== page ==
The following article comes from Catherine Warwick, Deputy Curriculum Leader for MFL in West Yorkshire, UK.
Cultural capital is a phrase that is currently centre stage in the UK education system and not without good reason. Culture defines us, as does our access to it (or lack thereof).
As a 14-year-old I was lucky enough to have a cultural experience that, without exaggeration, changed the course of my life. It was the mid-1980s and the Bristol-Bordeaux exchange was a thriving partnership.
I vividly remember mixed excitement and terror as I was driven into Bordeaux by a family I knew little about, speaking a language I barely understood. They were a lovely family but for the first week I had no idea what anyone said to me and dealt with every interaction by nodding politely and saying “oui”. The first full phrase I understood was one used to describe me by the mother of my host family “Elle parle français comme une vache espagnole” (she speaks French like a Spanish cow). Back then the exchange lasted three weeks so this was a baptism by fire! In those three weeks I suffered agonising homesickness and told my French family that my country was missing me in a dramatic misapplication of French grammar.
I experienced life in a French high school, was blown away by the French “bendy buses” that took us to the city centre and by the stunning shopping street of rue Sainte Catherine – 1980s Bristol this was not! I discovered Brie, blue steak, vinaigrette, fresh French coffee and praline. And slowly my perception began to change.
I saw French being used by actual people, toddlers speaking it and adverts selling real products. This stuff I’d been learning at school started to make sense and it suddenly became real. I returned home 3 weeks later a changed teen with confidence, humility and resilience. The world had opened up in front of me and I had met it without disaster!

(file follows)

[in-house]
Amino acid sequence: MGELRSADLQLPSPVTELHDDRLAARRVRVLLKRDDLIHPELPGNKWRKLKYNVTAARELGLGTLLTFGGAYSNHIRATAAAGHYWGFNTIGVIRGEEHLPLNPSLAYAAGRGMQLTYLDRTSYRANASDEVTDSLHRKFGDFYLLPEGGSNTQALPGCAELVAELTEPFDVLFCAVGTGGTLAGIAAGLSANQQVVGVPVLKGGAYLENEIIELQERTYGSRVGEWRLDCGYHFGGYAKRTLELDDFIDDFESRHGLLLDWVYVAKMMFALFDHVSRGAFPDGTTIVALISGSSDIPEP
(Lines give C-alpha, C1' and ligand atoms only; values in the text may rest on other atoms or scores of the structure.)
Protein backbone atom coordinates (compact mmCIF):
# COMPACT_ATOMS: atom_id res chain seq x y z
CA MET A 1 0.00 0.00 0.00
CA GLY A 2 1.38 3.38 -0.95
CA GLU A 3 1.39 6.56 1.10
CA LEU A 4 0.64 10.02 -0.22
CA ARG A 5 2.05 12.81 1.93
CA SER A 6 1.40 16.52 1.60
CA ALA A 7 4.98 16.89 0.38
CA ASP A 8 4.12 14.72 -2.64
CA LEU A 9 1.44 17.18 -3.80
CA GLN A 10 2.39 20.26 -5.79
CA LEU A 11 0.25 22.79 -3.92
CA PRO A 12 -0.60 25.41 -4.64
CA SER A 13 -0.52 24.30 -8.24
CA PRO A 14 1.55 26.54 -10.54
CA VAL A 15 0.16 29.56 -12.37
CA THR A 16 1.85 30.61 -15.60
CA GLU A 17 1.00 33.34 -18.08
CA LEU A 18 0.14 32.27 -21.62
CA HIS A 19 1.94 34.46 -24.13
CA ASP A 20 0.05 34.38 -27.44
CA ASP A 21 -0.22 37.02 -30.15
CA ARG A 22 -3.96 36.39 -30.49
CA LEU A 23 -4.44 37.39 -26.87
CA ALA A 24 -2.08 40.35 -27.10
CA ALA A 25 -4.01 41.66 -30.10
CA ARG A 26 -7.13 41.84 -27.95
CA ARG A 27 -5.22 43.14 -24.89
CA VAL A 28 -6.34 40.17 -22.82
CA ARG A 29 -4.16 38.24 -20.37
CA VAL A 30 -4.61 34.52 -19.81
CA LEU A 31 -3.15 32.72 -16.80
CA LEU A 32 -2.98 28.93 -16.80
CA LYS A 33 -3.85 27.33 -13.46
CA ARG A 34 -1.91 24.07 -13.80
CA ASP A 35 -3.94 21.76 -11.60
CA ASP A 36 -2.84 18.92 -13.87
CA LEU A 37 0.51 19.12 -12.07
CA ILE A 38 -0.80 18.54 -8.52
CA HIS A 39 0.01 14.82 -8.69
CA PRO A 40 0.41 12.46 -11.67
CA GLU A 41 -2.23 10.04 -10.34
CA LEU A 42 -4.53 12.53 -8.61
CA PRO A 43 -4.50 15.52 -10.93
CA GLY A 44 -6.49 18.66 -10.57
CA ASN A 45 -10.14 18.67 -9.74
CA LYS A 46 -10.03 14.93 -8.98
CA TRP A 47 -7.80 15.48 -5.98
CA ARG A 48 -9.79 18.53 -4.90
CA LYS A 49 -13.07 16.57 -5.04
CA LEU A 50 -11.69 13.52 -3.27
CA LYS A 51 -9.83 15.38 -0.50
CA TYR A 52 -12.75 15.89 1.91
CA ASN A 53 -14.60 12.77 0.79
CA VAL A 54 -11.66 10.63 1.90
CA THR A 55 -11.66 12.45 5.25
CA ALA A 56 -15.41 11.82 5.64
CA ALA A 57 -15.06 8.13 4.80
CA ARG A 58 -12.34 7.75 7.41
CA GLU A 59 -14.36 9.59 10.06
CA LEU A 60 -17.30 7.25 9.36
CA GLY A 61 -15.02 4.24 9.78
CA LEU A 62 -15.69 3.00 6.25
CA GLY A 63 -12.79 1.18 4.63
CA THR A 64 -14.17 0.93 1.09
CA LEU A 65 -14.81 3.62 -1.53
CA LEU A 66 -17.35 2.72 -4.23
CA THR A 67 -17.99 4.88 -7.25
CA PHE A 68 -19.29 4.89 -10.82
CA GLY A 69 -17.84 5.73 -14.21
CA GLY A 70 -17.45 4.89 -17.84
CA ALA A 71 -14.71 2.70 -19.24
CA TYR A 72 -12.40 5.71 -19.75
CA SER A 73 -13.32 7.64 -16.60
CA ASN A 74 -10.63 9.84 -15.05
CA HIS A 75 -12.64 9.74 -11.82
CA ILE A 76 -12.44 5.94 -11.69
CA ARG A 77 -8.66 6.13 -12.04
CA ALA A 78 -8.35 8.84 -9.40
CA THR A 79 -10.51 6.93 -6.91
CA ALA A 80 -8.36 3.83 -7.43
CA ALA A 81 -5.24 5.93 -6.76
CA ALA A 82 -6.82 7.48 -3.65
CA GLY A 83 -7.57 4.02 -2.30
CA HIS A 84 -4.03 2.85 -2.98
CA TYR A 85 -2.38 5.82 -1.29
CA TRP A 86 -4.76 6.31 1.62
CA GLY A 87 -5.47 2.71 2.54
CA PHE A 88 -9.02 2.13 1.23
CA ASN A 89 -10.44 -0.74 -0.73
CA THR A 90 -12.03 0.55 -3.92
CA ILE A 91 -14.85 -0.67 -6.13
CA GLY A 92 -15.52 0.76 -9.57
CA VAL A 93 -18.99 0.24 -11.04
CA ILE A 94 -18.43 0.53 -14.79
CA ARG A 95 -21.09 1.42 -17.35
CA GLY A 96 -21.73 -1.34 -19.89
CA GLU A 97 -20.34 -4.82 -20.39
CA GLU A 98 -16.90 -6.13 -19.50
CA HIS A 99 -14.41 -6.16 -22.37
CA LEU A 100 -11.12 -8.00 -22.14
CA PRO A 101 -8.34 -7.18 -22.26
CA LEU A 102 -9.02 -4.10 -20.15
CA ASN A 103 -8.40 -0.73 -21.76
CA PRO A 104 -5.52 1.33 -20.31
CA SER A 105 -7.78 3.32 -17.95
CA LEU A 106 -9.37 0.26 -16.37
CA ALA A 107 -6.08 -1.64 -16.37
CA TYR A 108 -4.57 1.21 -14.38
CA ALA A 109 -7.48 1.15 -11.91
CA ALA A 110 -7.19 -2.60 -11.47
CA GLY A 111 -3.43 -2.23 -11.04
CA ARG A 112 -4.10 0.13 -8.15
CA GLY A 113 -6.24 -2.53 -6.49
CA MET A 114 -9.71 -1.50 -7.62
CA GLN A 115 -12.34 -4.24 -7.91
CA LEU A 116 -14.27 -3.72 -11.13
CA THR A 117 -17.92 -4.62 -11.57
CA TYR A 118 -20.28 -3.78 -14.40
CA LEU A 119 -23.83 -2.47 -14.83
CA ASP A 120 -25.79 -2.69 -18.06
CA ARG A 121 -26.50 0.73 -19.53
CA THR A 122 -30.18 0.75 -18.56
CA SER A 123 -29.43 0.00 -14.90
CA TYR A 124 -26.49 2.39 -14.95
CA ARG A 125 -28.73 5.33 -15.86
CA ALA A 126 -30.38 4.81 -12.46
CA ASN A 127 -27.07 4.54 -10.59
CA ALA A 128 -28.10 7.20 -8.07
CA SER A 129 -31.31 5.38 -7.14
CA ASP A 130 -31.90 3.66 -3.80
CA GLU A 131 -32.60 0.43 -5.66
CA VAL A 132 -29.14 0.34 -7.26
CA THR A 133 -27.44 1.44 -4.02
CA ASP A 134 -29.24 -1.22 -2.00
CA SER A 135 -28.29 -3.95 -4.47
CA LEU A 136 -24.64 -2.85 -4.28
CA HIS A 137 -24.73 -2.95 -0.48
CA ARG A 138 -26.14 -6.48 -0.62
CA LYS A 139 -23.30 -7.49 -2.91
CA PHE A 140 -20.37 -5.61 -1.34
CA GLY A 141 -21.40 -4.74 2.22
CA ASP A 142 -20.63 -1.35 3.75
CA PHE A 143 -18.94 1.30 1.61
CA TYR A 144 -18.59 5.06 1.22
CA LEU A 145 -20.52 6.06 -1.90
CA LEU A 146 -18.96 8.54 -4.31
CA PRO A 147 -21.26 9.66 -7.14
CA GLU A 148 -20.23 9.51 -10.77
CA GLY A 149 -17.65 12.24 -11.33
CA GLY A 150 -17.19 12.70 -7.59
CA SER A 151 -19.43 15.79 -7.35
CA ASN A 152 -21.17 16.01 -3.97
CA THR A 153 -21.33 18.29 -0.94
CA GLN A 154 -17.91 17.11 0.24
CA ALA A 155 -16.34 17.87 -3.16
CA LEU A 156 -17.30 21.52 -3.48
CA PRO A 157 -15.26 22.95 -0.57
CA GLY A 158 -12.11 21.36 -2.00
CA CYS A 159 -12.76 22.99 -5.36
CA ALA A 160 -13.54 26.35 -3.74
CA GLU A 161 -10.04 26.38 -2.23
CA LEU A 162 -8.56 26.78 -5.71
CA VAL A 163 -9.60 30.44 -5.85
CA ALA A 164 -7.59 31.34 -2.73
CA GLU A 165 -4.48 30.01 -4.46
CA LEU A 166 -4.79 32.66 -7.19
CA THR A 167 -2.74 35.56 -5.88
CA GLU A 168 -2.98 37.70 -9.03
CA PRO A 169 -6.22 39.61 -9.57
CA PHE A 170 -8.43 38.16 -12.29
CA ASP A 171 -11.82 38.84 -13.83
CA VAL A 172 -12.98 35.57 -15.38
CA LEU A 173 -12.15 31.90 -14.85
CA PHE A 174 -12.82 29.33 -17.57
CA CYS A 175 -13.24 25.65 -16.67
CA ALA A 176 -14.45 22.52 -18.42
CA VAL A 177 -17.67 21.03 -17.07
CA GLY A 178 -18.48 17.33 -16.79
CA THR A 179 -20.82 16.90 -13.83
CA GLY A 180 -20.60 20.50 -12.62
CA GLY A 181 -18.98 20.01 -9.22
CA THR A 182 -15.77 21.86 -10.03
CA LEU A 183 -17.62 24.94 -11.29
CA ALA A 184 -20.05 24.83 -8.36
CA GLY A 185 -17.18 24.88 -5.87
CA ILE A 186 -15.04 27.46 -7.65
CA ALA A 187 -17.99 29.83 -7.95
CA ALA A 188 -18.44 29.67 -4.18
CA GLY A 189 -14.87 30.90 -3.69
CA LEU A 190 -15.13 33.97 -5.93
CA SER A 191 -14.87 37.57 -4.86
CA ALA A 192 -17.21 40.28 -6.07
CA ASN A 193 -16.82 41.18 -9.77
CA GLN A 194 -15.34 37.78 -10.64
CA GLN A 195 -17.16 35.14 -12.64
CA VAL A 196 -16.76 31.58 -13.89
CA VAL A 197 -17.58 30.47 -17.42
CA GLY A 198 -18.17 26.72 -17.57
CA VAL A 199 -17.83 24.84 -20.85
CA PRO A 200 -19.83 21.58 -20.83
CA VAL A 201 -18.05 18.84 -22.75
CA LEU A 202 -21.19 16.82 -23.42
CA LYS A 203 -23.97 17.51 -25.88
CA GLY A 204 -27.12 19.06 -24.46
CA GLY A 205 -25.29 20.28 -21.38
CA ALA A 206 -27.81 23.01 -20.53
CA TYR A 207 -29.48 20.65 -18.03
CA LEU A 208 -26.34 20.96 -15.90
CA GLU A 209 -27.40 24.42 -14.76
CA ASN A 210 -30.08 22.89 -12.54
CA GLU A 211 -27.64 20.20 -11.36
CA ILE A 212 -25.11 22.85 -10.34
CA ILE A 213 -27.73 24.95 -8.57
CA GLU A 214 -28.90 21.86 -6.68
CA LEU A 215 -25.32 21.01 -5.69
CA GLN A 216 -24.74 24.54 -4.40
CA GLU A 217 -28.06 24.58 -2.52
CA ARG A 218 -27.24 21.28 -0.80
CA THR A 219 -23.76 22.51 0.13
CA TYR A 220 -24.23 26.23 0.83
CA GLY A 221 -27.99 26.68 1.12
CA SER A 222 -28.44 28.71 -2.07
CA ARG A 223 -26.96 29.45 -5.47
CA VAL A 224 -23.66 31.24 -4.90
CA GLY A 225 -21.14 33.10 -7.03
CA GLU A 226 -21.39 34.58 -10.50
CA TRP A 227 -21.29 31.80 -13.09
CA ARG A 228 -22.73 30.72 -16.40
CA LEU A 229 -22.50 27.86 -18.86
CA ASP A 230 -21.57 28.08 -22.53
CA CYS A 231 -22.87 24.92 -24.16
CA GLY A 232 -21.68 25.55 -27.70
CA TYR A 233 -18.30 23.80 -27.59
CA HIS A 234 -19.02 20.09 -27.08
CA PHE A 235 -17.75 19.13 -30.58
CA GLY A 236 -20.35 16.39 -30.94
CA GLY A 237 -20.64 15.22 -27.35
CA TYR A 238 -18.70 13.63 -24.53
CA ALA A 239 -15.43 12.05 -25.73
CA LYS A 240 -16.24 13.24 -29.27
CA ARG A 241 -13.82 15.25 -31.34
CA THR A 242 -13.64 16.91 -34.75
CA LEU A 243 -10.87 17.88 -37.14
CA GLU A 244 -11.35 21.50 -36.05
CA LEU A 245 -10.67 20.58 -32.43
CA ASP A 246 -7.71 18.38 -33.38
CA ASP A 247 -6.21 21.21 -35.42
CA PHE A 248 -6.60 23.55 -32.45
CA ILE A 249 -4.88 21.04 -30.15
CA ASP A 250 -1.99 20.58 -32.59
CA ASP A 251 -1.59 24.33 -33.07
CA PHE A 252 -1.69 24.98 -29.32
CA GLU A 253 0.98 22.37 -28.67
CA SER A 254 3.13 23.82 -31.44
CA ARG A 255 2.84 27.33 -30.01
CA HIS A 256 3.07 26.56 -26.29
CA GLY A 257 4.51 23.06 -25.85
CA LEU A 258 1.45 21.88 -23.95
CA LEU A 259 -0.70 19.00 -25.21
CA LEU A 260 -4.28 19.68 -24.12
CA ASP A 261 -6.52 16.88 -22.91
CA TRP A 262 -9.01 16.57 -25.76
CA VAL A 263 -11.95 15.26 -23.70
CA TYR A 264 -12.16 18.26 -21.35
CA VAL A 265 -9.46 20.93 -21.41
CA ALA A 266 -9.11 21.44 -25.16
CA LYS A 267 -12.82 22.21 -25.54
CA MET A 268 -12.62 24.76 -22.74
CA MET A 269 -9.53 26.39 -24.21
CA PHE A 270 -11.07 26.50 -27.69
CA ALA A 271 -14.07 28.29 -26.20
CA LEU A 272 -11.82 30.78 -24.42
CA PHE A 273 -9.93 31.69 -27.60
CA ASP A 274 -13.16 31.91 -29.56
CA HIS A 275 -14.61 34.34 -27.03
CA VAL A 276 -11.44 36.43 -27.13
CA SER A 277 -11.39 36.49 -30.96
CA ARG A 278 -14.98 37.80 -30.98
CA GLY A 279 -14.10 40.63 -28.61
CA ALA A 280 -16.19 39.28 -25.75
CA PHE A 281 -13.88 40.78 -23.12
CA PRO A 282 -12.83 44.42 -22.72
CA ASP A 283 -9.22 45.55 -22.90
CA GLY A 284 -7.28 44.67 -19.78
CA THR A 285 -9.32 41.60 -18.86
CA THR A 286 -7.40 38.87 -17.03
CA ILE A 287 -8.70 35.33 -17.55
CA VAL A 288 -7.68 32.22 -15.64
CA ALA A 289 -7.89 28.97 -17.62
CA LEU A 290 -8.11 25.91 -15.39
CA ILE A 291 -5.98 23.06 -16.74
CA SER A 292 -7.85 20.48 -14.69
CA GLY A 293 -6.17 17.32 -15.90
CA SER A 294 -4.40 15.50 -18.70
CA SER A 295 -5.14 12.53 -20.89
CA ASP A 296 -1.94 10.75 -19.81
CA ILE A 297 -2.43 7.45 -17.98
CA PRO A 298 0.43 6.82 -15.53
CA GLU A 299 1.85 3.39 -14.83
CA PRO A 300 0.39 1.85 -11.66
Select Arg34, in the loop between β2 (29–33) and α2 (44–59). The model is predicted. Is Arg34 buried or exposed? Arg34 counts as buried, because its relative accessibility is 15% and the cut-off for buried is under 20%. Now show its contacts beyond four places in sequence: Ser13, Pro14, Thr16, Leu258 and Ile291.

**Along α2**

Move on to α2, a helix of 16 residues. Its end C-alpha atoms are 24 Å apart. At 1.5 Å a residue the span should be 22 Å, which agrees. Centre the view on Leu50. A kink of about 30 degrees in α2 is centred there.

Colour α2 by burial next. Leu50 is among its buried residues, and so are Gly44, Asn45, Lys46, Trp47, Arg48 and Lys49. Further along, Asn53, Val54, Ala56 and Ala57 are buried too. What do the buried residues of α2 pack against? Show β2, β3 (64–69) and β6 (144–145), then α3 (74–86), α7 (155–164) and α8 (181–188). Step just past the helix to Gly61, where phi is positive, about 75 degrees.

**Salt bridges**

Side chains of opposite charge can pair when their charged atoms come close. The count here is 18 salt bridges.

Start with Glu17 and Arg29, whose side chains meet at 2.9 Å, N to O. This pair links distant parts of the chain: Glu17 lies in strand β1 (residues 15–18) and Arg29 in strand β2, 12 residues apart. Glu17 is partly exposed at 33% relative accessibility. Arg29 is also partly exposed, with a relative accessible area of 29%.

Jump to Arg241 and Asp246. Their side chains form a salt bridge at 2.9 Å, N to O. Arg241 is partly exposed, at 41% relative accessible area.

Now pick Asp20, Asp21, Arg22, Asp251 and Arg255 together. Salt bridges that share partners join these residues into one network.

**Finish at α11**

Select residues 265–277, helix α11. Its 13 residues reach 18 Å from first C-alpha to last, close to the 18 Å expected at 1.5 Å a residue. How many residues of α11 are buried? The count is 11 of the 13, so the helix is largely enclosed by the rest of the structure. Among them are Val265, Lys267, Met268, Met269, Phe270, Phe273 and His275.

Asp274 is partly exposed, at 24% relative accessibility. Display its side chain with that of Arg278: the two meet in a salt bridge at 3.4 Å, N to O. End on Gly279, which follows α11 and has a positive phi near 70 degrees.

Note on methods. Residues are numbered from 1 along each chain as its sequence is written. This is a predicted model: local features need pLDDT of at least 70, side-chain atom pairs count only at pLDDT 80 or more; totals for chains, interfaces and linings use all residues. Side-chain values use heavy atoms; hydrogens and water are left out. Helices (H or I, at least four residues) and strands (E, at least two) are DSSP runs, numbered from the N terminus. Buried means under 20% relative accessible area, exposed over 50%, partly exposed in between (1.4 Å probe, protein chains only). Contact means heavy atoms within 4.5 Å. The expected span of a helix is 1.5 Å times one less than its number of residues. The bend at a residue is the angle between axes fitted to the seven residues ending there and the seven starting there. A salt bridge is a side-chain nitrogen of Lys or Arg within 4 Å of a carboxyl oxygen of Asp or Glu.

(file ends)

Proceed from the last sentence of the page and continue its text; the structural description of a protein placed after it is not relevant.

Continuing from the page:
Without this experience I’m not sure that my life would have taken the same path. My new love of French took me to A Level, to a disastrous experience as an au pair in Switzerland then eventually to university in Liverpool, where I added Spanish to my language skills and a whole new passion was born. An intensive Spanish course in Valencia followed, then later my year abroad and Spanish took over from French.
Without this experience I’m not sure that my life would have taken the same path.
I was so lucky. I had access to student grants and European funding that young people in the UK don’t have today. I was able to travel freely, and I grew up in an environment where new experiences and different cultures were seen as positive.
Many of today’s teenagers are emerging from 3 years of isolation, encouraged to distrust what they don’t know, not only for reasons of infection but through years of anti “other” rhetoric served up with political unrest. In the Yorkshire towns and cities where I have worked as a teacher for nearly 20 years, generational poverty, politics and Covid have created a wall of ambivalence towards anything different and language teachers face an uphill battle fighting perceived irrelevance to everyday life.
How many of our young people could experience the same as me and discover a whole new world with just a small nudge? Nowadays the push may not be quite as severe as 3 weeks in a foreign city but a postcard exchange, a video project or a school trip could be enough to reassess beliefs and set a new path in motion. Now more than ever we need to embrace as many opportunities as possible: where poverty and travel restrictions are barriers, technology alongside passionate teaching can help break these down. This is where I hope the power of the Global Schools Network could lie and I look forward to investigating further.